Program Schedule

Student Projects 2014

Download a pdf of the projects here Note it is not the latest version. Below is the latest version.

PROJECT 1: Kinematic GPS processing

STUDENTS: Grace Barcheck, Laura Thomson
ADVISOR: Martin Truffer
DESCRIPTION: We will learn how to interpret GPS data from moving ice to derive glacier velocities and variations thereof. Students could use their own GPS data, but should inform the instructor prior to the course if they wish to do so.
SOFTWARE REQUIREMENTS: Matlab or similar software
REQUIRED STUDENT BACKGROUND: We will analyze data in Matlab or similar software.

PROJECT 2: Inverse modeling

STUDENTS: David Lilian, Florian Ziemen
ADVISOR: Martin Truffer
DESCRIPTION: We will explore inverse models to derive conditions at the base of a glacier from surface data. The project requires an interest in mathematical methods and some familiarity with Matlab programing.
REQUIRED STUDENT BACKGROUND: Some familiarity with a Linux/Unix operating system is beneficial. Also we will analyze data in Matlab or similar software.

PROJECT 3: Seasonal variations in flow speed of Jakobshavn Isbrae

STUDENTS: Alistair Everett, Laura Kehrl, Mark Pittard
ADVISOR: Andy Aschwanden
DESCRIPTION: While Jakobshavn Isbrae, Greenland's largest and the world's fastest outlet glacier, showed no seasonal variations in flow speeds in the mid-1980's, strong seasonal variations coinciding with a cycle of summer thinning and winter thickening have been observed since 2004. Compared to winter velocities, speed-ups of up to 40% near the terminus are measured. It has been suggested that these seasonal near-terminus variations can be explained by seasonal variations in terminus position via changes in back-stress. Experiments with a numerical ice sheet model, however, indicate that the annual cycle of thickening in the winter and thinning and thinning in the summer effects the basal resistance by modulating effective pressure (i.e. the difference between ice overburden pressure and basal water pressure. This can cause seasonal variations in flow speeds of similar magnitude compared to observations. Is the observed seasonality in flow speeds terminus–driven, surface mass balance-driven, or a combination of both? In this project we will combine observations and existing numerical simulations to gain a better understanding how seasonal load changes modulate longitudinal stresses and, thus, flow speeds, and compare to a terminus-driven model.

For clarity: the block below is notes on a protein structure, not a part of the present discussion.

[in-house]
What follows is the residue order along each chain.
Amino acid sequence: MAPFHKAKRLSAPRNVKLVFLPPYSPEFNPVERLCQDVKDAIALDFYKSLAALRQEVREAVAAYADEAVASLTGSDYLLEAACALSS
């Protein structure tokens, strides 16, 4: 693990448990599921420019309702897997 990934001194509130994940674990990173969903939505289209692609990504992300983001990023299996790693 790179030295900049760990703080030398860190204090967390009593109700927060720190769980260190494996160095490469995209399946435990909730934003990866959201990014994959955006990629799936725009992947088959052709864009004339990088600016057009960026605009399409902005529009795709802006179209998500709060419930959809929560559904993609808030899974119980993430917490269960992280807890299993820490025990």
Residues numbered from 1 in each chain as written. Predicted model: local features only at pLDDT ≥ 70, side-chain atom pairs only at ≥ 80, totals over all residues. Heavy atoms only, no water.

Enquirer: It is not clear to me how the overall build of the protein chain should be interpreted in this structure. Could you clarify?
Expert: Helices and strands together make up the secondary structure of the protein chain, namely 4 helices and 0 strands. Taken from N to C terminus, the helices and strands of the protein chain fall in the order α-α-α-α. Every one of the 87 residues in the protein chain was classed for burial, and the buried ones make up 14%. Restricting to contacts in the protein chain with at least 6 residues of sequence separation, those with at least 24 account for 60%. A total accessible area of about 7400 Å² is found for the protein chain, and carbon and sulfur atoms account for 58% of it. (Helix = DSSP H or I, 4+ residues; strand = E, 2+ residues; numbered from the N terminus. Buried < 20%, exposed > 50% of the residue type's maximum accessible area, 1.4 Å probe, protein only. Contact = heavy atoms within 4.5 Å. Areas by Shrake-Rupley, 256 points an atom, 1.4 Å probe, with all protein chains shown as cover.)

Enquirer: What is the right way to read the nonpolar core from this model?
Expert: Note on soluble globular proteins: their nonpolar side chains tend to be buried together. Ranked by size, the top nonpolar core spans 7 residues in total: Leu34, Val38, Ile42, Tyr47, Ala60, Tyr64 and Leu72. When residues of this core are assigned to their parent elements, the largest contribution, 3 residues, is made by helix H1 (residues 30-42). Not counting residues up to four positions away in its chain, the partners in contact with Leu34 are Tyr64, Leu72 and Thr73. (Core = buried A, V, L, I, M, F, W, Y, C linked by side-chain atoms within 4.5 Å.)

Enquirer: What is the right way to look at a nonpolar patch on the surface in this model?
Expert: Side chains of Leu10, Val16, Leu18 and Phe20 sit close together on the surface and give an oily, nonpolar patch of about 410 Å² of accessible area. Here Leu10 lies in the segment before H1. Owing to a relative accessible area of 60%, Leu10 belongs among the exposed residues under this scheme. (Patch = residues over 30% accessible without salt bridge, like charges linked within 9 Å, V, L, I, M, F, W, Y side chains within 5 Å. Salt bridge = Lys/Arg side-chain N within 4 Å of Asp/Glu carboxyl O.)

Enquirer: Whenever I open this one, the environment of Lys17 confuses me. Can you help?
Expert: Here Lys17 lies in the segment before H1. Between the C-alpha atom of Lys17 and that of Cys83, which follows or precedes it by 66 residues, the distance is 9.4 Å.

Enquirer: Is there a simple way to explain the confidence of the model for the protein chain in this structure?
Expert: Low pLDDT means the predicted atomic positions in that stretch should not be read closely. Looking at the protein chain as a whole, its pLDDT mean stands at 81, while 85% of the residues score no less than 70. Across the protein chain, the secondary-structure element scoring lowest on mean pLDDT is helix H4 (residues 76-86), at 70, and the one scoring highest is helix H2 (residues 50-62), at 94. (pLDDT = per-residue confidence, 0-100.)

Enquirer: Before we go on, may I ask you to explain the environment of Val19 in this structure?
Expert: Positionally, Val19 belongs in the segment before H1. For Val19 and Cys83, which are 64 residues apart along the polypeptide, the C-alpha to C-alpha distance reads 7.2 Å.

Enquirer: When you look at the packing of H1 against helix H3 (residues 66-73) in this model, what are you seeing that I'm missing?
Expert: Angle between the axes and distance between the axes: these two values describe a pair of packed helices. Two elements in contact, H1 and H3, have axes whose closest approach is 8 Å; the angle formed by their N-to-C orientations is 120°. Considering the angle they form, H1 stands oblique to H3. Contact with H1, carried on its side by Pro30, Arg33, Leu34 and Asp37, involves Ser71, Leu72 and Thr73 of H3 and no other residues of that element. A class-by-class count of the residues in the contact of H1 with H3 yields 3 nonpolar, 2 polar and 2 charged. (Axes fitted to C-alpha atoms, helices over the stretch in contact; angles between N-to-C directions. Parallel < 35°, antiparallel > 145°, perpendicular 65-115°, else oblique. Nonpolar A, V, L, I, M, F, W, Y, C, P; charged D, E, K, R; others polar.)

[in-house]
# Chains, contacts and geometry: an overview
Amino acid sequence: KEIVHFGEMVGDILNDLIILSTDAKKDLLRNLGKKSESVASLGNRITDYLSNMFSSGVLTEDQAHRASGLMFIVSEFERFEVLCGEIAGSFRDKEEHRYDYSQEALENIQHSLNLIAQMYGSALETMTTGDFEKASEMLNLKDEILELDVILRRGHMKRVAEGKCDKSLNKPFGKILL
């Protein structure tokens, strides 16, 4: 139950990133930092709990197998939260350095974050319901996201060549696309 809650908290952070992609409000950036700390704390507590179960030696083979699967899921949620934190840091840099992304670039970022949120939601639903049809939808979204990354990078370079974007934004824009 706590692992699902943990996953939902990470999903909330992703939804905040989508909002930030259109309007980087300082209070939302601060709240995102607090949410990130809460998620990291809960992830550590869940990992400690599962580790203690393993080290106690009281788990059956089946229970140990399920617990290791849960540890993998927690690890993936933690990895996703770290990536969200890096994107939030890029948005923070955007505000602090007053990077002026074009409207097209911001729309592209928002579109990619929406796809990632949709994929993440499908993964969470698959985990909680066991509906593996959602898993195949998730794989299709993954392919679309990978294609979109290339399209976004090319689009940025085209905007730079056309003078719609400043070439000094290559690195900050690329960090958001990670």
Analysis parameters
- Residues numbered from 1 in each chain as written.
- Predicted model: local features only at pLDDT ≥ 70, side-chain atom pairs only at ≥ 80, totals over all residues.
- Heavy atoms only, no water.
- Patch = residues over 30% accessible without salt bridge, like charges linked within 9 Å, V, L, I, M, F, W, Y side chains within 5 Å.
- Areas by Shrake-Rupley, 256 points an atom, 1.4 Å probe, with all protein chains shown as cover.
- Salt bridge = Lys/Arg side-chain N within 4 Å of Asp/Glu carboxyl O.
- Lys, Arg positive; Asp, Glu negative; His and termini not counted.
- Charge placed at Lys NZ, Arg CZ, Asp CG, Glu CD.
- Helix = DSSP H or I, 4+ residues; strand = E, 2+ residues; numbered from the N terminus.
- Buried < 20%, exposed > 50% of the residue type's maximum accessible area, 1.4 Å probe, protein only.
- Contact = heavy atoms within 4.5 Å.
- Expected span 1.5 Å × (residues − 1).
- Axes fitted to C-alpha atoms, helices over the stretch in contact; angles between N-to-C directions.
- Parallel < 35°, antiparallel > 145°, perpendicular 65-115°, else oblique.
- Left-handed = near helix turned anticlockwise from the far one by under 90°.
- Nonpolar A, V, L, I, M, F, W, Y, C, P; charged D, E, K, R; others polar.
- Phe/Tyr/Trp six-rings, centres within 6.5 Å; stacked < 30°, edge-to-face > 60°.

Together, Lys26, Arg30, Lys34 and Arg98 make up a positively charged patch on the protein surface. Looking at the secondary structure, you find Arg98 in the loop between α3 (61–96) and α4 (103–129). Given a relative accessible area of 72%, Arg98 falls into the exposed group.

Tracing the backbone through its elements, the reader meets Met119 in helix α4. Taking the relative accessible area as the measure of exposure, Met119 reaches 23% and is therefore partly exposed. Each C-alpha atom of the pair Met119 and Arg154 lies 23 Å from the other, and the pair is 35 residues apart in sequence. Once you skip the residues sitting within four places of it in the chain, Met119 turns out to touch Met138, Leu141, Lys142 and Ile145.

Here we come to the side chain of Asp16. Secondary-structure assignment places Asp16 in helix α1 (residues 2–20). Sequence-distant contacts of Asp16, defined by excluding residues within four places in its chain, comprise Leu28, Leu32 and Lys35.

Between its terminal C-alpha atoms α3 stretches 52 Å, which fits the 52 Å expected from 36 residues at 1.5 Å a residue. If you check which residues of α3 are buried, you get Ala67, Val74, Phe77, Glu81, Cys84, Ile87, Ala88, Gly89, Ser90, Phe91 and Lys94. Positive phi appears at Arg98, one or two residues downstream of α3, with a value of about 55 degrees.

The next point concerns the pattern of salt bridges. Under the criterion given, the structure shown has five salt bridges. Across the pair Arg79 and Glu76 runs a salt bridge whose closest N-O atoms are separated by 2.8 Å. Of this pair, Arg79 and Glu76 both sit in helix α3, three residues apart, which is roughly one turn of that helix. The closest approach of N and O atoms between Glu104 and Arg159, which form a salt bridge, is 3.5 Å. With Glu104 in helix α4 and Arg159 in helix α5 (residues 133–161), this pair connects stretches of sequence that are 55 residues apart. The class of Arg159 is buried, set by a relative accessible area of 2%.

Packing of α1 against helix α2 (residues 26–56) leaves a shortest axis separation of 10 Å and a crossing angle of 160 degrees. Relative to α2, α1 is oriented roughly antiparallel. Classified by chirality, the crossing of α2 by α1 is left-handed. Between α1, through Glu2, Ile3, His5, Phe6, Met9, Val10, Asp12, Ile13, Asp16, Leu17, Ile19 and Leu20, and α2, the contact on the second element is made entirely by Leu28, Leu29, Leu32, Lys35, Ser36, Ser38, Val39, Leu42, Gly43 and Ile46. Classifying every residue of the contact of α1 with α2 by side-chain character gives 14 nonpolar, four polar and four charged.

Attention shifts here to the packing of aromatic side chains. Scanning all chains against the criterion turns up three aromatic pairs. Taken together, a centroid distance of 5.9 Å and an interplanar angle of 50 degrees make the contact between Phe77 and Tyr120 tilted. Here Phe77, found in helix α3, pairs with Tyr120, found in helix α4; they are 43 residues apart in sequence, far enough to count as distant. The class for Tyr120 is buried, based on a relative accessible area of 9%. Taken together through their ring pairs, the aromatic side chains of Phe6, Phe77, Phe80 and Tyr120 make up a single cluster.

SOFTWARE REQUIREMENTS: Any software that can read and analyze netCDF data will do (Matlab, python, QGIS, etc). NCO ( and CDO ( are essential command-line tools. The instructor mostly works with python and QGIS but can assist with Matlab as well. Please install these tools prior the the course. If you have questions regarding installation, please contact the Instructor.
REQUIRED STUDENT BACKGROUND: Familiarity with basic data analysis and visualization is beneficial.

PROJECT 4: Exploring the vertical dimension of a glacier with FEniCS

STUDENTS: Soroush Rezvanbehbahani, Heidi Sevestre
ADVISOR: Andy Aschwanden
DESCRIPTION: The FEniCS project ( is a powerful open-source package to solve PDE’s using the Finite Element Method that is becoming increasing popular in glaciology. Its core strength is the close similarity between the FEniCS syntax and the weak form of a PDE written out on paper. The instructor is very keen on learning this promising tool. We will start off with implementing the heat diffusion equation which we can verify against an analytical solution. Next we’ll move to a 1D enthalpy advection-diffusion-production equation to study processes in the firn or at the base of a glacier where phase changes occur. From there, the field is wide open. This project is as much about learning a useful tool for glaciological research as it is about glaciology.
SOFTWARE REQUIREMENTS: A working FEniCS installation, see for details. Packages exist for Debian and Ubuntu-like OS. If you’re using a Mac with MacPorts, there is also a port for dolphin (can be a bit tricky).
REQUIRED STUDENT BACKGROUND: Working knowledge of Python and PDEs.

PROJECT 5: Models for hydrology and sliding on the Kennicott glacier

STUDENTS: Douglas Brinkerhoff, Colin Meyer, Patricia Eugster